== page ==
Other sex-education books: Married
Love (1931), by Dr. Marie Stopes; Sex Facts for
Women (1936), by Richard J. Lambert; and see Miscellaneous
topics on this site
Marjorie May, three booklets, 1935 main page
THE MUSEUM OF MENSTRUATION AND WOMEN'S HEALTH: BIRTH CONTROL, MOTHERHOOD
Safe Counsel /or/ Practical Eugenics
by B. G. Jeffries, M.D., Ph.D., J. L. Nichols,
A.M., Ozora S. Davis, Ph.D., and Dr. Emma F. A. Drake (39th edition, 1928,
J. L. Nichols & Co., Naperville, Illinois, U.S.A.)
The first drawing in the book, below, shows that "sex hygiene"
- sex education - leads to happiness, whereas "false modesty"
This was not a new idea. For example, by this time, 1928, Margaret
Sanger, the founder of the American birth control movement (later
named Planned Parenthood by the pioneering advertising man Albert Lasker,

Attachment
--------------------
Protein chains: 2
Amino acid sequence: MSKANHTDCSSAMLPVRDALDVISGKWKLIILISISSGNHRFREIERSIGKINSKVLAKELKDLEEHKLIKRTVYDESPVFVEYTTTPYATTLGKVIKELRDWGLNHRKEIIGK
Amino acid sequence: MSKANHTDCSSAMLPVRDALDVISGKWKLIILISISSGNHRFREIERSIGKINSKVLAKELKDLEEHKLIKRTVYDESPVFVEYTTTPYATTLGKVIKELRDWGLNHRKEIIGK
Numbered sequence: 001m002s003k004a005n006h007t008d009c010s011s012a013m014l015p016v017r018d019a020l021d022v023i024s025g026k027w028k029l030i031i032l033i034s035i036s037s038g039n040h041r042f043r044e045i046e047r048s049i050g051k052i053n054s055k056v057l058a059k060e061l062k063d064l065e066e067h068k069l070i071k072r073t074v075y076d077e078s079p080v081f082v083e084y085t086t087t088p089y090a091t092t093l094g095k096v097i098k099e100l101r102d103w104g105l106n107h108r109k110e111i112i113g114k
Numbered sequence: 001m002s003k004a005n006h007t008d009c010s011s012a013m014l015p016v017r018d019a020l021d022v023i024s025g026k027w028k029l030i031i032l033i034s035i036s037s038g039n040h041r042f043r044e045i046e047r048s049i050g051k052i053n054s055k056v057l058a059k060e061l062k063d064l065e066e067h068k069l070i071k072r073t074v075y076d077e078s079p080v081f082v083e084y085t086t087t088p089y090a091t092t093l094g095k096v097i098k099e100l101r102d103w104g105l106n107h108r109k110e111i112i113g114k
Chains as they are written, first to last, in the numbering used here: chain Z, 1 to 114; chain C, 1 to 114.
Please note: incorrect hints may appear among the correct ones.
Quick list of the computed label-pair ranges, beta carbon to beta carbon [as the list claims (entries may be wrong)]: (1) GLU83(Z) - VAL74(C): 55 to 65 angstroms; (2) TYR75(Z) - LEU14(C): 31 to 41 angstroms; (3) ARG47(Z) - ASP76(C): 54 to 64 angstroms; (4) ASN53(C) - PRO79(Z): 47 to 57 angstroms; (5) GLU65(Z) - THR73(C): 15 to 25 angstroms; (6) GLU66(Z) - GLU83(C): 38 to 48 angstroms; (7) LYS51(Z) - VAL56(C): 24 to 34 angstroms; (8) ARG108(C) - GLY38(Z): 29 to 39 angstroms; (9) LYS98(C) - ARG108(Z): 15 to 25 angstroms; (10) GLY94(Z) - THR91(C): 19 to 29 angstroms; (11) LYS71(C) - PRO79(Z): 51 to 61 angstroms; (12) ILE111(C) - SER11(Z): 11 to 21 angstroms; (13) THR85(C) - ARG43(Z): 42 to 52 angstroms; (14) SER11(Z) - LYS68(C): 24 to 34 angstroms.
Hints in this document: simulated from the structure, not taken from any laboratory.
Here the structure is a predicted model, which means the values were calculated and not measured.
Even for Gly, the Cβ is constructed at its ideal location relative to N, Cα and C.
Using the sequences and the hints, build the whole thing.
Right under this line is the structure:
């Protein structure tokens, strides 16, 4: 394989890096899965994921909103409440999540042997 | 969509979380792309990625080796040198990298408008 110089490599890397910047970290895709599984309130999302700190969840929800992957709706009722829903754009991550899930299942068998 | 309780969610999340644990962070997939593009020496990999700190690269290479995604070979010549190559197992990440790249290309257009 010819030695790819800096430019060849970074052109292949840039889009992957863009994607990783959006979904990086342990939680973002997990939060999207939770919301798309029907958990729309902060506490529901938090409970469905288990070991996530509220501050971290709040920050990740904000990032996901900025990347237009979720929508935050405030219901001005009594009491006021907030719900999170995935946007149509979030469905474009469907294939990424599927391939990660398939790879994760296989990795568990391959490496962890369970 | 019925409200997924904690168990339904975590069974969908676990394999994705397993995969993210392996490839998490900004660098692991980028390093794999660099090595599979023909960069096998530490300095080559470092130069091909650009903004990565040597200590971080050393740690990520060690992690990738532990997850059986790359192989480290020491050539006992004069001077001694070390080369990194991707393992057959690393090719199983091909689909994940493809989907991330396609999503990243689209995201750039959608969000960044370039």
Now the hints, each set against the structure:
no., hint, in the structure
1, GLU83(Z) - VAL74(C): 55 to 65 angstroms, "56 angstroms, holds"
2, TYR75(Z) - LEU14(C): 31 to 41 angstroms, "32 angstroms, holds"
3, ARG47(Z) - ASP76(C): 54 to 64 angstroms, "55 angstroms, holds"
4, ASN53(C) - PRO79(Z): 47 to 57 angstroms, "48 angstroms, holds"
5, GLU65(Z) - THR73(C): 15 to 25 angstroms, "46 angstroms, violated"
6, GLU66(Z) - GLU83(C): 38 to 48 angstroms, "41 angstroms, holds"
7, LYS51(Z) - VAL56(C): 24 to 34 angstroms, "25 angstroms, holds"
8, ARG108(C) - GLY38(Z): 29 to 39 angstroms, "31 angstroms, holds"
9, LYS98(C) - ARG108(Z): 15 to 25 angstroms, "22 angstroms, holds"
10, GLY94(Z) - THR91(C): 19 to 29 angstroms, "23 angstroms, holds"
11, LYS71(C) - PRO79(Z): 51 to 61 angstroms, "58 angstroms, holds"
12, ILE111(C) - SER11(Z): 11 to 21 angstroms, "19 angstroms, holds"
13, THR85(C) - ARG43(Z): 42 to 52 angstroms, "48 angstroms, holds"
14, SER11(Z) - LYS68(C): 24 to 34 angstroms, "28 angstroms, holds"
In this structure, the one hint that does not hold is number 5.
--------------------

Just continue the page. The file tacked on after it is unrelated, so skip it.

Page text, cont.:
who devised much of the early Kotex ad campaign),
had already opened the first birth control clinic in America and written
newspaper columns on venereal disease (which were declared obscene and stopped).
(Incredibly, it wasn't until 1965 that a U. S. Supreme Court decision, Griswold
v. Connecticut, made birth control legal for American married couples, just
months before Sanger's death, at age 87.)
In the 1970s or early 1980s the American humor magazine National
Lampoon had a parody of a "good path, bad path" drawing
as its cover.
Below: see some of the volume's beautiful pen-and-ink drawings, typical
of the time.
SarahAnne Hazlewood generously donated the book to the museum.
Words at left (darker than at right): ignorance,
lust, obscenity, disease, poverty, defective children, lunacy, senility
Words at right (light): education, love,
health, sanity, energy, temperance, modesty, ambition, comfort, morality,
Note that religion does not play a part,
in contrast to some earlier hygiene books (in Kellogg's Plain
Facts, for example.)